Other Deities Portrayed In The Codices

The Thirteen Deities Of The Upper World And The Nine Deities Of The Lower World

The Thirteen Deities Of The Katuns

Other Calendrical Deities

The Deities Of The Numerals 0–13

Rituals And Ceremonies

Divination And Altered Consciousness

Human Sacrifice

The Thirteen Katun Endings

New Year Ceremonies

Celebrations Of The Nineteen Months

12 Arithmetic, Calendrics, And Astronomy

Arithmetic

The Calendar

Basic Units And Cycles

The Sacred Almanac Of 260 Days

The Vague Year Of 365 Days

The Calendar Round

The Long Count, Or Initial Series

Distance-number Dates

Period-ending Dates And The Short Count

Correlating The Maya And European Calendars

Astronomy

The Sun And The Moon

Venus

Other Planets, The Stars, And The Constellations

Astronomical Observatories

13 Language And Writing

History Of The Mayan Languages

The Structure Of Mayan Languages

Maya Documents Of The Colonial Period

Ancient Maya Writing

Pre-columbian Maya Texts

Deciphering Maya Writing

Recent Advances In Decipherment

The Mayan Syllabary

The Origins Of Maya Writing

The Status Of Decipherment

14 Architecture, Sculpture, And Painting

Architecture

Stone Sculpture

Wood Sculpture

Stucco Modeling

Painting

15 Artifacts

Ceramics And Archaeology

A Chronological Review Of Maya Pottery

Early Preclassic

Middle Preclassic

Late Preclassic And Protoclassic

Early Classic

Late Classic

Terminal Classic

Early Postclassic

Late Postclassic

Patterns Of Household And Industrial Ceramic Production

Lithics

Chipped-stone Eccentrics

Jade And Similar Carved And Polished Stone

Mosaics

Metalwork

Painted Books

Textiles

Basketry And Matting

Featherwork

Epilogue: The Spanish Conquest

First Contacts, 1502–25

The Francisco Hernández De Córdoba Expedition, 1517

The Juan De Grijalva Expedition, 1518

The Hernán Cortés Expedition, 1519

The Cortés Expedition Through The Maya Lowlands, 1524–25

The Period Of Conquest, 1524–1697

The Subjugation Of The Southern Maya By Pedro De Alvarado, 1524–27

The Subjugation Of Yucatan By The Montejos, 1527–46

First Phase: An Attempt From The East, 1527–28

First Interval, 1528–31

Second Phase: An Attempt From The West, 1531–35

Second Interval, 1535–40

Third Phase: Conquest Completed, 1540–46

The Independent Itza, 1525–1696

The Subjugation Of The Itza, 1696–97

Publication Information

Paragraph Subjects (OCM)

Publication Information The main body of the Publication Information page contains all the metadata that HRAF holds for that document.

Author: Author's name as listed in Library of Congress records

Title: The ancient Maya

Published By: Original publisher Stanford, Calif.: Stanford University Press. 1994. 32, 892 p. ill., maps

By line: Author's name as appearing in the actual publication Robert J. Sharer

HRAF Publication Information: New Haven, Conn.: Human Relations Area Files, 2000. Computer File

Culture: Culture name from the Outline of World Cultures (OWC) with the alphanumberic OWC identifier in parenthesis. Classic Maya (NY53)

Subjects: Document-level OCM identifiers given by the anthropology subject indexers at HRAF Writing (212); Recreational structures (345); Religious and educational structures (346); Miscellaneous structures (349); Mercantile business (441); Visual arts (5311); Status, role, and prestige (554); Chief executive (643);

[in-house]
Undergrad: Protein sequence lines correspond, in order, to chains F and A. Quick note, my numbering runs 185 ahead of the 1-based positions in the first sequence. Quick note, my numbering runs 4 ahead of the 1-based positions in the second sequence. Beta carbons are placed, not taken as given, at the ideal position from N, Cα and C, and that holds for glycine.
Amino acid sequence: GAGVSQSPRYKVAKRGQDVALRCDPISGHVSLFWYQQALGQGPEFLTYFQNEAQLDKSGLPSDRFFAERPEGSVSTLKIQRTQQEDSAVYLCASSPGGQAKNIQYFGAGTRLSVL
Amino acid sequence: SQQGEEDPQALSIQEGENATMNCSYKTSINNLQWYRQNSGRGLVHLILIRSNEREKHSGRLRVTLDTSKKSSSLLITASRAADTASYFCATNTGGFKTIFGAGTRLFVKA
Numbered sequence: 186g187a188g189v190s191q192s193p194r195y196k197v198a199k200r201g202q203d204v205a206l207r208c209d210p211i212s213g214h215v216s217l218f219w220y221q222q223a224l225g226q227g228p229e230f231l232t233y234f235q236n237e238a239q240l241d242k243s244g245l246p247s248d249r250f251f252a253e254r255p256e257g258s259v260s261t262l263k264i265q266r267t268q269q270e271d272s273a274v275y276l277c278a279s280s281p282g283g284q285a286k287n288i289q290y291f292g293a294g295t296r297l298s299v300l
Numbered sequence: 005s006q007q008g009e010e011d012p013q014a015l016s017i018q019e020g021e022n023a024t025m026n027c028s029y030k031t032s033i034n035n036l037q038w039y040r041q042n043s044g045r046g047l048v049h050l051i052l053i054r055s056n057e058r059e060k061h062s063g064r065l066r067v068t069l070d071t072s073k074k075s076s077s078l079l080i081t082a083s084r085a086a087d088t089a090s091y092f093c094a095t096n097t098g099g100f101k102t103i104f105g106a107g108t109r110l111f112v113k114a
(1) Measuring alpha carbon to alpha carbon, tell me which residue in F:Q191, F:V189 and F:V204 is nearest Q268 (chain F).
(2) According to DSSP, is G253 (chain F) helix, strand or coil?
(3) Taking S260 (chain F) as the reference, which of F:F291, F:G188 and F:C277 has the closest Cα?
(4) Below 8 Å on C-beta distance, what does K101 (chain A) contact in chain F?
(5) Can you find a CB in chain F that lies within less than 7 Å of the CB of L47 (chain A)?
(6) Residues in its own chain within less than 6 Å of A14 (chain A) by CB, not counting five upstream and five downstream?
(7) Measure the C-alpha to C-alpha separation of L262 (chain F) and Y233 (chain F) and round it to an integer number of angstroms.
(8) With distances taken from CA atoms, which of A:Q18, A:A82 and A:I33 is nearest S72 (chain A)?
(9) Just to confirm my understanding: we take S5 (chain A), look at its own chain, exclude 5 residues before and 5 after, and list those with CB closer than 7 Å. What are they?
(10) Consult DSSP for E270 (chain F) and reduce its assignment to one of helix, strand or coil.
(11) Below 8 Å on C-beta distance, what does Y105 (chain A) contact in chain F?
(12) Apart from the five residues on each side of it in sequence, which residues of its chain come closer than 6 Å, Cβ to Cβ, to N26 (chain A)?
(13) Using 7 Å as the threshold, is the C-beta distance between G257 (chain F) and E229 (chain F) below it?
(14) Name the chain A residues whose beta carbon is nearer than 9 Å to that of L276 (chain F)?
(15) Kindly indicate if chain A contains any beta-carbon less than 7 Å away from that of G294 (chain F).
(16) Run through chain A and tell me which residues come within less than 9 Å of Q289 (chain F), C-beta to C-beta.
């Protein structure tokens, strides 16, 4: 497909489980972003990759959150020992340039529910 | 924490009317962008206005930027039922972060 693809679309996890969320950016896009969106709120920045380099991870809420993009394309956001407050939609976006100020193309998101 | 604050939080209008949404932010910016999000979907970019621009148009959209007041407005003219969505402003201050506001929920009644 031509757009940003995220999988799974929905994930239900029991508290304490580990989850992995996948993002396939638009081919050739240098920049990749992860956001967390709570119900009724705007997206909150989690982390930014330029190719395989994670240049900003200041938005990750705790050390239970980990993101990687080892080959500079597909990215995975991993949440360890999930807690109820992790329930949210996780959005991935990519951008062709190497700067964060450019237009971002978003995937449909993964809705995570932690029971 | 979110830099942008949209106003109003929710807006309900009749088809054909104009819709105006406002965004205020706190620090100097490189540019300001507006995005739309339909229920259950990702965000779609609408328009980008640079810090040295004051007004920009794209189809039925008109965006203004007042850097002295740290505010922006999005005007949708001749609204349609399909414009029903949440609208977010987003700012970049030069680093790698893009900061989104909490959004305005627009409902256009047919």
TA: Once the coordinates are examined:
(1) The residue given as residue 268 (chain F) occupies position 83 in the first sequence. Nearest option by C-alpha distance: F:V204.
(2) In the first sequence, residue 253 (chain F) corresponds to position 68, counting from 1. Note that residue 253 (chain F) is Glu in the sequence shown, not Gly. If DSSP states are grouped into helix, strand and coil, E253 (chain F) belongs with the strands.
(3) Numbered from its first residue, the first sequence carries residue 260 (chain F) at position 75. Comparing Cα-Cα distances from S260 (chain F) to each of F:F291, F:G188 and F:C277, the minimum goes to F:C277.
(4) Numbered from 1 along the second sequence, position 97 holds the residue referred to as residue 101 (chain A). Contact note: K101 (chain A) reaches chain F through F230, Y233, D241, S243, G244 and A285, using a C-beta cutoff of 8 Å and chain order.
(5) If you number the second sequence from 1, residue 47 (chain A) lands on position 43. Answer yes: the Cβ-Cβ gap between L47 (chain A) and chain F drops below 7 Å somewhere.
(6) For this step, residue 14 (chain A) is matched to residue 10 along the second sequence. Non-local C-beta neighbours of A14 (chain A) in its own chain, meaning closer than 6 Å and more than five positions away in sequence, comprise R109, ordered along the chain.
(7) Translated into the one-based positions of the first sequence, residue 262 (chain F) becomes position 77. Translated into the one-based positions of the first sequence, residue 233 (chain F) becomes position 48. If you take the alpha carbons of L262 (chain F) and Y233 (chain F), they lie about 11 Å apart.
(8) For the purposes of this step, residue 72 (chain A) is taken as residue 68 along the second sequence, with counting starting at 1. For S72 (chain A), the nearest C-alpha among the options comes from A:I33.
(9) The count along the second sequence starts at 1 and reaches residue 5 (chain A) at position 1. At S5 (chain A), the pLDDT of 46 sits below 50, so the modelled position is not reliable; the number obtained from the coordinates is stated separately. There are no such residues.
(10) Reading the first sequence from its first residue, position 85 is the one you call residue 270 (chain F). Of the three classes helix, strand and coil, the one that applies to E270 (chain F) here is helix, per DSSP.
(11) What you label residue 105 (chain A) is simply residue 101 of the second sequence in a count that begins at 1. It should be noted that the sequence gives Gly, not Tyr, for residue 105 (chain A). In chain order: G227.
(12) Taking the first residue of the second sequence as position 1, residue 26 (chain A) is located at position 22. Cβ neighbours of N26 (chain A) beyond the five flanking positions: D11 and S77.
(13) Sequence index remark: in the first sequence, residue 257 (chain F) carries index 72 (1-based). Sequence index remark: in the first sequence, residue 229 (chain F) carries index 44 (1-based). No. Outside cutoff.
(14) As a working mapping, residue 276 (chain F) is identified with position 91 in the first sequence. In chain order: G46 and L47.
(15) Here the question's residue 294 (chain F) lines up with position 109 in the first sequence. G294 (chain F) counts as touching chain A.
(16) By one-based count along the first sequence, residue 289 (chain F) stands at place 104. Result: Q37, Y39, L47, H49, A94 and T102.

Abstract: Brief abstract written by HRAF anthropologists who have done the subject indexing for the document This is an excellent introduction to classic Mayan civilization and includes discussions about the preclassic and postclassic periods. In the first half of the book, Sharer discusses the Maya on a period-by-period and site-by-site basis. In the second half, he discusses various aspects of Mayan culture, such as subsistence system, trade, social organization, cosmology, calendrics, writing, architecture, and artifacts. Sharer provides a good overview of the relationships and history of the polities that made up the Mayan realm. Also he writes about the history of Mayan research and scholarship.

Document Number: HRAF's in-house numbering system derived from the processing order of documents 2

Document ID: HRAF's unique document identifier. The first part is the OWC identifier and the second part is the document number in three digits. ny53-002

Document Type: May include journal articles, essays, collections of essays, monographs or chapters/parts of monographs. Monograph

Language: Language that the document is written in English

Note: Rev. ed. of: The ancient Maya / Sylvanus G. Morley and George W. Brainerd. 4th ed. 1983 Includes bibliographical references (p. 765-847)

Field Date: The date the researcher conducted the fieldwork or archival research that produced the document Not specified

Evaluation: In this alphanumeric code, the first part designates the type of person writing the document, e.g. Ethnographer, Missionary, Archaeologist, Folklorist, Linguist, Indigene, and so on. The second part is a ranking done by HRAF anthropologists based on the strength of the source material on a scale of 1 to 5, as follows: 1 - poor; 2 - fair; 3 - good, useful data, but not uniformly excellent; 4 - excellent secondary data; 5 - excellent primary data Archeologist-4,5

Analyst: The HRAF anthropologist who subject indexed the document and prepared other materials for the eHRAF culture/tradition collection. Ian Skoggard ; 1999

Coverage Date: The date or dates that the information in the document pertains to (often not the same as the field date). 1750 BP - 1100 BP (250 A.D. - 900 A.D.)

Coverage Place: Location of the research culture or tradition (often a smaller unit such as a band, community, or archaeological site) Belize, El Salvador, Guatemala, Honduras, and Mexico

LCSH: Library of Congress Subject Headings Mayas--Antiquities